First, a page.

Janessa and I rode separate 12 buses downtown Sunday to meet up at noon at the OHS for the public celebration of their new exhibit. Not only a new exhibit, but also costumed representatives from the Portland Superheroes Coalition were on site for photo ops. Sweet!
We hadn't made our way much past the first room of the exhibit when I looked back towards the lobby and saw Hellboy coming toward me. I said, "Janessa, look, it's Hellboy!" She started turning as I said look and got startled because he was so close before she heard Hellboy. (Turns out his stage name is Big Red.) Neat! I then decided to get this photo of Big Red and Metal Man enjoying part of the exhibit. I wanted to text Lamont and Leland so that they could see what cool fun we'd already found, five minutes into the exhibit! Both sons were suitably impressed.
Here we are, sort of in the Batmobile. Right? The Batmobile? Holding speech bubbles!
This was one of four identical yellow swivel chairs. Extremely comfortable, including a tiny headrest pillow. I'm holding my four-panel comic page that I made on a touch screen; it printed quickly, instantly dry. You get to select yourself--your person, your hair, skin, and eye color, some accessories like the eyeglasses. Then you select your story--mine is The Monster at Pittock Mansion. Before the exhibit closes, I want to go back to the exhibit, especially I'd like to do this again. I want to take my DSLR with me, too, so that I can take photos there with it. I'm hoping that Lamont and Leland will go with me. Too bad that they missed the members of the Portland Superheroes Coalition.
Hellboy II Big Baby Gun Movie Prop. What a whopper! And those shells!
Hellboy Right Hand of Doom, also a movie prop.
Read for info about the creator of the next image I photographed.
Since I work at the Multnomah County Sheriff's Office, I couldn't resist taking a close up of this one.
When I go back, I'm going to spend some time at this section of the exhibit. I hope it won't be too crowded.
Seeing someone's idea gave me an idea of how to finish it. That's what I want to do when I go back.
Back in the lobby, it's photo op time! Wowza Woman, I cannot find His Stage Name, Me, Wonder Mom, Metal Man!
One more, with the addition of American Man kneeling on the floor, saluting us all! Lamont's response to this photo when I texted it: Oh my! A superhero among superheroes!!!! Isn't that sweet, y'all?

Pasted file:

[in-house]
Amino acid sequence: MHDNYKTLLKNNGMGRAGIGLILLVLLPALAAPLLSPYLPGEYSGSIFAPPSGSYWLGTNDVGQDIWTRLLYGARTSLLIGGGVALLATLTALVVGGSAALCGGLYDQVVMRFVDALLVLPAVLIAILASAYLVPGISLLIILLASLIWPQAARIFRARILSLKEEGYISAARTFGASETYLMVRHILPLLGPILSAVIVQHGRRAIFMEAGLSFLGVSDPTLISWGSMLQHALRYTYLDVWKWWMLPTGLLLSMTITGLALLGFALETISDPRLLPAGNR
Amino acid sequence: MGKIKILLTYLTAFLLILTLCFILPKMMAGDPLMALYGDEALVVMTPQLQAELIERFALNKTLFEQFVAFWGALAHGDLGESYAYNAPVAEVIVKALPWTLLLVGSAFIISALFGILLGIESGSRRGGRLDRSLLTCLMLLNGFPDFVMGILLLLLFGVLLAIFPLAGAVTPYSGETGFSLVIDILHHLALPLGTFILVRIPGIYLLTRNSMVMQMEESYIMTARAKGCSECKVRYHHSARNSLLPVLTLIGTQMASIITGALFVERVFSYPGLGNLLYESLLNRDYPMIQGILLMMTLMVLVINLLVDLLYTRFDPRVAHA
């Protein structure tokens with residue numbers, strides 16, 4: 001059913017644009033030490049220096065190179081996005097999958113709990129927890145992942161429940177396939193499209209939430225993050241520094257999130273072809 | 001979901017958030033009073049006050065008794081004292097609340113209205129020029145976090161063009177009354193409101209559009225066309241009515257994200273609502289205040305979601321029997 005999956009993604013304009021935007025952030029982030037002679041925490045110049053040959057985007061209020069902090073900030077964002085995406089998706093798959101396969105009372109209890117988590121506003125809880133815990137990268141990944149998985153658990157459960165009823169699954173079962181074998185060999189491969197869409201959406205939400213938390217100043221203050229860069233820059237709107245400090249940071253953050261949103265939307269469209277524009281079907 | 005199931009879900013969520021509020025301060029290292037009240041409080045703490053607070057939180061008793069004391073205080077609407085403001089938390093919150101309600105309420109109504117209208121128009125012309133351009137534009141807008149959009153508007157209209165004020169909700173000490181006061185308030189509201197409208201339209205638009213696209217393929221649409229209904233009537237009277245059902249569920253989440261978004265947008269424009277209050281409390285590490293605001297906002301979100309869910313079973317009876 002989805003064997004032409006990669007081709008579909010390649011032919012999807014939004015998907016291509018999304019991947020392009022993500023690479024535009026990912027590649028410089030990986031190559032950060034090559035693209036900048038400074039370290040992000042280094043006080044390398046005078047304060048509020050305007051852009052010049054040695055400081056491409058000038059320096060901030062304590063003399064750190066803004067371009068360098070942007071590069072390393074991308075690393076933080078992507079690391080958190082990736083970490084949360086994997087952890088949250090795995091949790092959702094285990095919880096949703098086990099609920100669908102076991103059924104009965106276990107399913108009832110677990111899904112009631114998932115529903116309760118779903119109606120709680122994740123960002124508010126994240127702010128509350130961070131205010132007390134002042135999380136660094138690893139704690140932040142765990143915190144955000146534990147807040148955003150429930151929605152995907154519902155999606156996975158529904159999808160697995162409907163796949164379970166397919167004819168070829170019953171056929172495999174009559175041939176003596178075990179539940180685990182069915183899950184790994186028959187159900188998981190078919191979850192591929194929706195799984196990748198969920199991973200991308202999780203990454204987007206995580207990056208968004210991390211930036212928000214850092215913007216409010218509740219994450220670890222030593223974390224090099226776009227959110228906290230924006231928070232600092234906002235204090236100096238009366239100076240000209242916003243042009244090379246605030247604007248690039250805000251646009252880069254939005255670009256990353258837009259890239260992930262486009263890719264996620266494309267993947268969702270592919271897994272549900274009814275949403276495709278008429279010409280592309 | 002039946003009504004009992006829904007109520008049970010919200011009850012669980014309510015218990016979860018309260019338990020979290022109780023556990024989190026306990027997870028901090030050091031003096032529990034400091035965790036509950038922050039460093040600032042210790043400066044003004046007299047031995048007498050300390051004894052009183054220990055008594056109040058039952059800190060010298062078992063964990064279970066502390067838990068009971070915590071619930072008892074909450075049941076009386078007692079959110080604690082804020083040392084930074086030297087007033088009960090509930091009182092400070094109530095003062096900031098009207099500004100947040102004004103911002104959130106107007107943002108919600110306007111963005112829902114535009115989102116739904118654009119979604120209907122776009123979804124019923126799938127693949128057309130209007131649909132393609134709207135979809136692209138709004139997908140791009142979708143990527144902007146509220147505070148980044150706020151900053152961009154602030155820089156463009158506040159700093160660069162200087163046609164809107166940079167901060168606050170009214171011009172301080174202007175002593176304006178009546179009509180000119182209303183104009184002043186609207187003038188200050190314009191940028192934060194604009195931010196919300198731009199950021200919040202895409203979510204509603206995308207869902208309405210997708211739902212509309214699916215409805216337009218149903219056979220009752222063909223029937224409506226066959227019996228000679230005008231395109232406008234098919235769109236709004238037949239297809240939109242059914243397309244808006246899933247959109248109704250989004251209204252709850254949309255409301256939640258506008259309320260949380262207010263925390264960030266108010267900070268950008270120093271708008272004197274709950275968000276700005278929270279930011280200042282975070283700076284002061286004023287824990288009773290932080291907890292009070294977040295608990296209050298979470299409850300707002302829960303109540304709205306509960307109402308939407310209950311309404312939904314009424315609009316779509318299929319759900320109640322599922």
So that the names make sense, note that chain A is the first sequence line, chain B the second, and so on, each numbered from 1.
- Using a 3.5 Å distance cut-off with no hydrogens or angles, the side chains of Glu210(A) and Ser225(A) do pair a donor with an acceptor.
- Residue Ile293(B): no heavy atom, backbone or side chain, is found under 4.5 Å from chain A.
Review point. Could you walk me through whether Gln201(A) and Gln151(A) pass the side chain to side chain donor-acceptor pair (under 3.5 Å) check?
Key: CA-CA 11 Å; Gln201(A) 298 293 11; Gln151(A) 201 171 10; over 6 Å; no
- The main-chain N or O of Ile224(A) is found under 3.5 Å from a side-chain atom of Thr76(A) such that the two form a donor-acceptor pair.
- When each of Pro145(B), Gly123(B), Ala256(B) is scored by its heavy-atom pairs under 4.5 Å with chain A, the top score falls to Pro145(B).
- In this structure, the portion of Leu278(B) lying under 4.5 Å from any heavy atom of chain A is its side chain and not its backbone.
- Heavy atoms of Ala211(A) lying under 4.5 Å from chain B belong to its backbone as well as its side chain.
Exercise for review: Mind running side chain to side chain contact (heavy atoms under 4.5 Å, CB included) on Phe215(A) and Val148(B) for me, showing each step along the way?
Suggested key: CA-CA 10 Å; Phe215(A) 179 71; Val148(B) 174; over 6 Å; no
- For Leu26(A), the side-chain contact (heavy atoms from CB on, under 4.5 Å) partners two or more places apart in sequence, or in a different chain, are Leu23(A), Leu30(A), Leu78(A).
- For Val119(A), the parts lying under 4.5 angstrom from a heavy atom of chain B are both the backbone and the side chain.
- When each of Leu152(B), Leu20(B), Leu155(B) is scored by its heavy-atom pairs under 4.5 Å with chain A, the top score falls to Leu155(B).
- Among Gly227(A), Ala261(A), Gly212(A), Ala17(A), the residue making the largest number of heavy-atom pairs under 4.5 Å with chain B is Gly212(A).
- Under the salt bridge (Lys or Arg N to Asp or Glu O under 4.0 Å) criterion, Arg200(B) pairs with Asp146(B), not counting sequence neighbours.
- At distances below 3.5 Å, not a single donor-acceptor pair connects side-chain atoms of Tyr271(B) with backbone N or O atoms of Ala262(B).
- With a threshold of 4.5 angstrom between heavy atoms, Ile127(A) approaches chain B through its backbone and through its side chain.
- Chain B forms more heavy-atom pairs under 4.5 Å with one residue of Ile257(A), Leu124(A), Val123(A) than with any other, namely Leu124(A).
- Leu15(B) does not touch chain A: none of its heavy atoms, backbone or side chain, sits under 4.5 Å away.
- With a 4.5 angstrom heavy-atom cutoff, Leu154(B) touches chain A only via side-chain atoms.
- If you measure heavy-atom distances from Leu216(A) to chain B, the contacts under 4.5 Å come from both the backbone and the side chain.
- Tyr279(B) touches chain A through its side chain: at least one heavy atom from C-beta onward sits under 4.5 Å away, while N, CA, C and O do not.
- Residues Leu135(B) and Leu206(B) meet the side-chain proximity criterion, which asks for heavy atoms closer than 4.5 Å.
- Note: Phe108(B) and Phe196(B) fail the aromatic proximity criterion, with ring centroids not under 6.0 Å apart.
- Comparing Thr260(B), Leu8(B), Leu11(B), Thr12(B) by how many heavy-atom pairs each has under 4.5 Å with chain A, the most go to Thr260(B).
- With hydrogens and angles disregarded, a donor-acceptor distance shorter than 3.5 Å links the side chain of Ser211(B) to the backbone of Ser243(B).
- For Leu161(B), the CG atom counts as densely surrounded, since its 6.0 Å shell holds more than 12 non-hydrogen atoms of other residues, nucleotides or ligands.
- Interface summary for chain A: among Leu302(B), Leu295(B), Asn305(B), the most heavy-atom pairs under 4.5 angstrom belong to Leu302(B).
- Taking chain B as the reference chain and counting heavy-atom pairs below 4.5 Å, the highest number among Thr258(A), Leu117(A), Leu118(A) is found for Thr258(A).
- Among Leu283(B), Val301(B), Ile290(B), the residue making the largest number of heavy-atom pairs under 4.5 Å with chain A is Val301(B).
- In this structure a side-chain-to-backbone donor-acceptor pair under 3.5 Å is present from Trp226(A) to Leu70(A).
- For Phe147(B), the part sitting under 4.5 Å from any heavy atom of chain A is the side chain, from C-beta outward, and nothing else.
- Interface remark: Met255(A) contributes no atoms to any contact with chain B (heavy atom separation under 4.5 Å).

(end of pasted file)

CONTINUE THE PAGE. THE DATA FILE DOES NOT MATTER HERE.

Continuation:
The final photo from Sunday, Janessa, Big Red, and me! He could talk! I have no idea how he made that move to talk! So cool!
From the Oregon Historical Society's Web site: Comic City, USA - August 12 – January 31, 2017
With recent blockbuster smashes featuring superhero legends, the comic book industry has experienced a surge of popular support. While there are many Oregonians picking up a comic book for their first time, the comic industry in Oregon has a long and influential history. Comic City, USA celebrates this history and profiles fifteen of the most iconic artists that have made the industry into the global powerhouse it is today.
Oregon is known globally for its impact on the comics industry, with many artists, writers, and designers living, working, and discovering their inspiration here. Portland and its comic publication industry remain at the forefront of innovation as a central location to several publishers including Dark Horse Comics, Oni Press, and Shadowline, the Image Comics partnering studio. In the nineteenth and early twentieth centuries, Oregon had notable comic artists in residence such as Homer Davenport, Carl Barks, and Basil Wolverton, establishing a rich foundation for future cartoon artists. With the founding of Dark Horse in the early 1980s, a new model of comic creativity began to attract additional artists and publishers to Oregon, quickly making it one of the largest centers of comic publication in the United States.
All are invited to a public celebration on Sunday, August 14 from 12pm – 5pm at the Oregon Historical Society. Admission to the exhibit is free, and costumed representatives from the Portland Superheroes Coalition will be on site for photo ops. Artists Anina Bennett and Paul Guinan will also be presenting a free public lecture at 2pm on the evolution of the comic industry from “geek to chic.” (Janessa and I didn't stay for the lecture--we headed for lunch! Then shopping a Finnegan's Toys, Powell's Books, and Storables. Such fine fun!)
With over $579 million in national comic sales in 2015, the popularity of what is known as “The Ninth Art” is only expanding and gaining more recognition. The power of the comic industry in Oregon is undeniable, evidenced in the range of mediums at play and the growing popularity of Rose City Comic Con, which celebrates its fifth anniversary next month.
Comic City, USA highlights fifteen Oregon comic artists, writers, and cartoonists:
Carl Barks John Callahan Homer Davenport Cat Farris Jack Ohman Basil Wolverton Mike Richardson Alex Schomburg Anina Bennett and Paul Guinan Colleen Coover Jan Eliot Dylan Meconis Bill Plympton Joe Sacco Basil Wolverton
In addition to displays on each artist, the exhibition will offer interactive experiences, from a comic book store style living room for flipping through comics, a station where people can design and print their own comic book, and a photo booth complete with superhero inspired props.
This exhibition is designed to share an important part of Oregon history, inspire people who wish to communicate through an artistic medium, and fascinate those who already have an appreciation of this continuously evolving art form. As editorial cartoonist Jack Ohman admitted in an interview, “I really feel like I am doing the work of my career, and I enjoy each day. I started winning awards when I stopped thinking about winning awards. I started liking my work when I listened to my own voice, and not feeling so constrained by the old model. When you like your work, others will probably like it too.”